Services provided

The scuba diving tourism industry provides both tangible and intangible goods and services. The tangible component includes provision of equipment for rental and for sale, while intangibles include education and skill development, dive charter services and guide services on dives.[1]

Experiences

Retail dive centres provide dive charters, dive guides and information on the local environment and ecology, and transportation to and from the dive sites, and may also provide accommodation and hospitality services to tourists, or act as their agents for these services.[1]

Safety

Historically, scuba diving was considered a relatively high risk activity, but this perception has been modified by the developments in equipment, training and service provision. Medical support services and local availability of decompression chambers and on-board medical oxygen for first aid has increased, improving the management of diving accidents and reducing the risk of permanent injury.[1]

Equipment

The dive tourism industry tends to provide rental equipment to travelling divers more than equipment sales and service, but those aspects are considered valuable adjuncts. Scuba equipment is relatively heavy, and some components (scuba cylinders and diving weights) are not economically transportable by air, and may be included in the cost of a dive. Regulators, wet-suits, masks and fins are more personal equipment, and may be brought by the diver or rented, so a fairly large stock and where applicable, range of sizes is necessary to be able to rent equipment to all customers at a given time. Cameras and dive computers are usually owned by the diver, though entry-level examples may be available for hire at some dive centres. Some equipment manufacturers and distributors encourage exclusive provision of their products through financial incentives, and the range of spares and tools for servicing is affected by the range of equipment stocked, so the range of equipment available may be limited.[1]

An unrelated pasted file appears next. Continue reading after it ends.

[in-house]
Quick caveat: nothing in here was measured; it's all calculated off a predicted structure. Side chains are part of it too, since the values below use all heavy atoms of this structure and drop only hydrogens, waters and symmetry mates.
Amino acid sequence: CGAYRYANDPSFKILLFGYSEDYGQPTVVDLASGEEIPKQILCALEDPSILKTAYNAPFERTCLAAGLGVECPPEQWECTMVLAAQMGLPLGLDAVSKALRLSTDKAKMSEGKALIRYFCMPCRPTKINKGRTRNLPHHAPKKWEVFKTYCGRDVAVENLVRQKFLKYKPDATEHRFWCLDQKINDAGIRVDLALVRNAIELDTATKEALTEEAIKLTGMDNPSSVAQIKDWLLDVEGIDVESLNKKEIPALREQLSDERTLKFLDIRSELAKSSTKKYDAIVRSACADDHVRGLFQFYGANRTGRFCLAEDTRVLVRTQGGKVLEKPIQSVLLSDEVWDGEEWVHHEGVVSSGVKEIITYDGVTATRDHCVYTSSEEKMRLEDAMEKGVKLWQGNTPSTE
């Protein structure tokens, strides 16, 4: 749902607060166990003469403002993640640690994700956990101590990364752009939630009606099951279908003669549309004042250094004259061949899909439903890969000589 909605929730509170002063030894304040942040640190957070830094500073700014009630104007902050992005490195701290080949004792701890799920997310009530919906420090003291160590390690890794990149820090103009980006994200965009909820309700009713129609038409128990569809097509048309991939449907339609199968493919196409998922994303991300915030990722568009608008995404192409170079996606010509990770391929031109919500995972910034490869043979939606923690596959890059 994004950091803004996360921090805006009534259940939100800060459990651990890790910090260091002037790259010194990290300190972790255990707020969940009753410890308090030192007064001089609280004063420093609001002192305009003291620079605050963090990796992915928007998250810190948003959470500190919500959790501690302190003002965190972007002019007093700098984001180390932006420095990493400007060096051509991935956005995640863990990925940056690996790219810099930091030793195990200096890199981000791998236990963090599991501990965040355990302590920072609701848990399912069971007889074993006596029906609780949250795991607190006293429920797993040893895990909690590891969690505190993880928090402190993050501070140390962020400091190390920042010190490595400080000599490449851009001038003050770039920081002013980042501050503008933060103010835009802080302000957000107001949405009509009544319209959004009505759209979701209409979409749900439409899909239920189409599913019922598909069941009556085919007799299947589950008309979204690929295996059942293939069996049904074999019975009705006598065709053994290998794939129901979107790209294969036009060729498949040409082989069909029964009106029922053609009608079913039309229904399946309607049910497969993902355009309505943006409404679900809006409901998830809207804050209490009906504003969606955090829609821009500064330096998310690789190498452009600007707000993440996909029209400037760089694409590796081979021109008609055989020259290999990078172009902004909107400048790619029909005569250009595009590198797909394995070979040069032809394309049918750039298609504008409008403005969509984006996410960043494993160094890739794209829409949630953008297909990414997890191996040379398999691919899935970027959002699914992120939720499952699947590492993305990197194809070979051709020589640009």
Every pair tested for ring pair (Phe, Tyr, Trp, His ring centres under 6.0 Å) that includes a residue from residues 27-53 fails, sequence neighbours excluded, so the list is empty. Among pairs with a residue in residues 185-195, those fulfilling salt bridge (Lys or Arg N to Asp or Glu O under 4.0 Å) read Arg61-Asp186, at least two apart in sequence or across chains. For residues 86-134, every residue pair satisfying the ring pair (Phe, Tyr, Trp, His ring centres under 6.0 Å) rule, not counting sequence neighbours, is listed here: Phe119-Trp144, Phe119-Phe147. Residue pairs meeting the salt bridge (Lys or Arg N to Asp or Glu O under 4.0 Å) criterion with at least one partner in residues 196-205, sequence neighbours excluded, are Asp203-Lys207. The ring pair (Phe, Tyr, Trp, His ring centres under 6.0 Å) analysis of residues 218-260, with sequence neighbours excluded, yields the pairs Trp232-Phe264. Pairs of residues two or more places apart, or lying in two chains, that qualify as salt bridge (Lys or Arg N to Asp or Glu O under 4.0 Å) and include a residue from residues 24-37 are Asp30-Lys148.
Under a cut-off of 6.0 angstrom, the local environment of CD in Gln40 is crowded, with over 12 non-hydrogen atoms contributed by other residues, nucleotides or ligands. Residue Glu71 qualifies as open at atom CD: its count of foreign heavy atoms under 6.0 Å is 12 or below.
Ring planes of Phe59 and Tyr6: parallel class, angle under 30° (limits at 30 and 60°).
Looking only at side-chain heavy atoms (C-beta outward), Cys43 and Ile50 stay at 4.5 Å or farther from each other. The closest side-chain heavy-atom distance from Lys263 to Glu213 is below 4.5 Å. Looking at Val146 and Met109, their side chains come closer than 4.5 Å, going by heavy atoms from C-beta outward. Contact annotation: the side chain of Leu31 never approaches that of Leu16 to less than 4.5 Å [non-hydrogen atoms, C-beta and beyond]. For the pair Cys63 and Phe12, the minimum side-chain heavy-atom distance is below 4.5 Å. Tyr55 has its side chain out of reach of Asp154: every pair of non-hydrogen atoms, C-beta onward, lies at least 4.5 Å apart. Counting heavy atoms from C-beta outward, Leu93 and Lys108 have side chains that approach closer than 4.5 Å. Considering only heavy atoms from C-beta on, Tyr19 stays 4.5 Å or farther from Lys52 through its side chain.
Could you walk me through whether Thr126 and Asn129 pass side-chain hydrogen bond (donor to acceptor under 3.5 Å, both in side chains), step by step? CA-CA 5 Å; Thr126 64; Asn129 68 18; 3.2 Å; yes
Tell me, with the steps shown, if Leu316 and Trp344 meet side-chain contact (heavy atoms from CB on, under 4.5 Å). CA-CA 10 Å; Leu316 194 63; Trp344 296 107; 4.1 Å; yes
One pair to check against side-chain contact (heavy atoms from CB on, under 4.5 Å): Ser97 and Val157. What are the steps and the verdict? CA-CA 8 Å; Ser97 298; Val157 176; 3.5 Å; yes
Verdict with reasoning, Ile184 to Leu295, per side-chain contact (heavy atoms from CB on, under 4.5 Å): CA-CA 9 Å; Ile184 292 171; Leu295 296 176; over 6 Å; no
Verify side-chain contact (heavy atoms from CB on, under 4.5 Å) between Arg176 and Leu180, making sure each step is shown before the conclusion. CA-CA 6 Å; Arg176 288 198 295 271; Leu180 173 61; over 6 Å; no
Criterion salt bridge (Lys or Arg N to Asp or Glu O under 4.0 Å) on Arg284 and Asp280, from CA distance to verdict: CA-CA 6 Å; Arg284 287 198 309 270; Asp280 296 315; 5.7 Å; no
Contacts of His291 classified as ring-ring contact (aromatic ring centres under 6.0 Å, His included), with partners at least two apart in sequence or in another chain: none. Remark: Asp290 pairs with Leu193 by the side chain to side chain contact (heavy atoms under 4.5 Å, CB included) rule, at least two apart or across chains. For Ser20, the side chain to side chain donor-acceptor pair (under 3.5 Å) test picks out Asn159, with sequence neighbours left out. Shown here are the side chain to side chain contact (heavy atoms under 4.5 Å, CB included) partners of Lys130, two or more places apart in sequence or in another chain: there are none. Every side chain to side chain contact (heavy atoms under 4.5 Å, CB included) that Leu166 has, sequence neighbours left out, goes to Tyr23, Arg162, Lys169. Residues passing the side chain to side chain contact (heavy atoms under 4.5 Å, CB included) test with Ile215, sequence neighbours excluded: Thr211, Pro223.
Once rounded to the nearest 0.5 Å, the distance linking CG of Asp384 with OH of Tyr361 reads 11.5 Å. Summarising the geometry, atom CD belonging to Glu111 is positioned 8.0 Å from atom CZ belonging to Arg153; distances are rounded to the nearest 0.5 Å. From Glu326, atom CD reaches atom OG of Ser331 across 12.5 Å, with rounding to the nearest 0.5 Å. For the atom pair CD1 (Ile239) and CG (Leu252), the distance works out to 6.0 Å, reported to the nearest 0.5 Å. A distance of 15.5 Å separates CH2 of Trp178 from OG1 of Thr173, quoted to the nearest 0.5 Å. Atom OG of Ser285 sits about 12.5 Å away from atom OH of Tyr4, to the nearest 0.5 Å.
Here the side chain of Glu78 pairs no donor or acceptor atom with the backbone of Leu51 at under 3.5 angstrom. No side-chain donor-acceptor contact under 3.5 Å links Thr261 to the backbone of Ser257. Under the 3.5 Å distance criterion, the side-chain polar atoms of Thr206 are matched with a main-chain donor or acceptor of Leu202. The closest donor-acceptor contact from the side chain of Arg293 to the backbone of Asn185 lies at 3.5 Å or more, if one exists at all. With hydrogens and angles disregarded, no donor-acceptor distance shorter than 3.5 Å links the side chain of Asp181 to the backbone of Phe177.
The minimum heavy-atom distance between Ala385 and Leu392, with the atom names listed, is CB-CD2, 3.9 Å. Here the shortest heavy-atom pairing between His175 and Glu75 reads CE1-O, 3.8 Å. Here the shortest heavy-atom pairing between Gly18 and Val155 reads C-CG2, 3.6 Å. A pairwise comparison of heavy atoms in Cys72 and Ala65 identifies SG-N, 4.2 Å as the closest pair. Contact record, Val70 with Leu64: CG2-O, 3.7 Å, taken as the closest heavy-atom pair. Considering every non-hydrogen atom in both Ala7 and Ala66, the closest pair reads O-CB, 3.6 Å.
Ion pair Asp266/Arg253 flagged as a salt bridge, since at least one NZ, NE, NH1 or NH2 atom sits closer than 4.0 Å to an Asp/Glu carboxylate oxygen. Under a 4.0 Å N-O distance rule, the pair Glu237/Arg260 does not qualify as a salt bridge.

Diver training

There is a large market for diver training while on vacation. Most parts of the world do not have desirable local recreational dive sites, and many divers choose to combine training with a vacation to an area of popular dive sites. Specialist wreck diving, cave diving and low environmental impact diving courses are usually available where the local sites are associated with requirements for these certifications.[1]

Environmental impact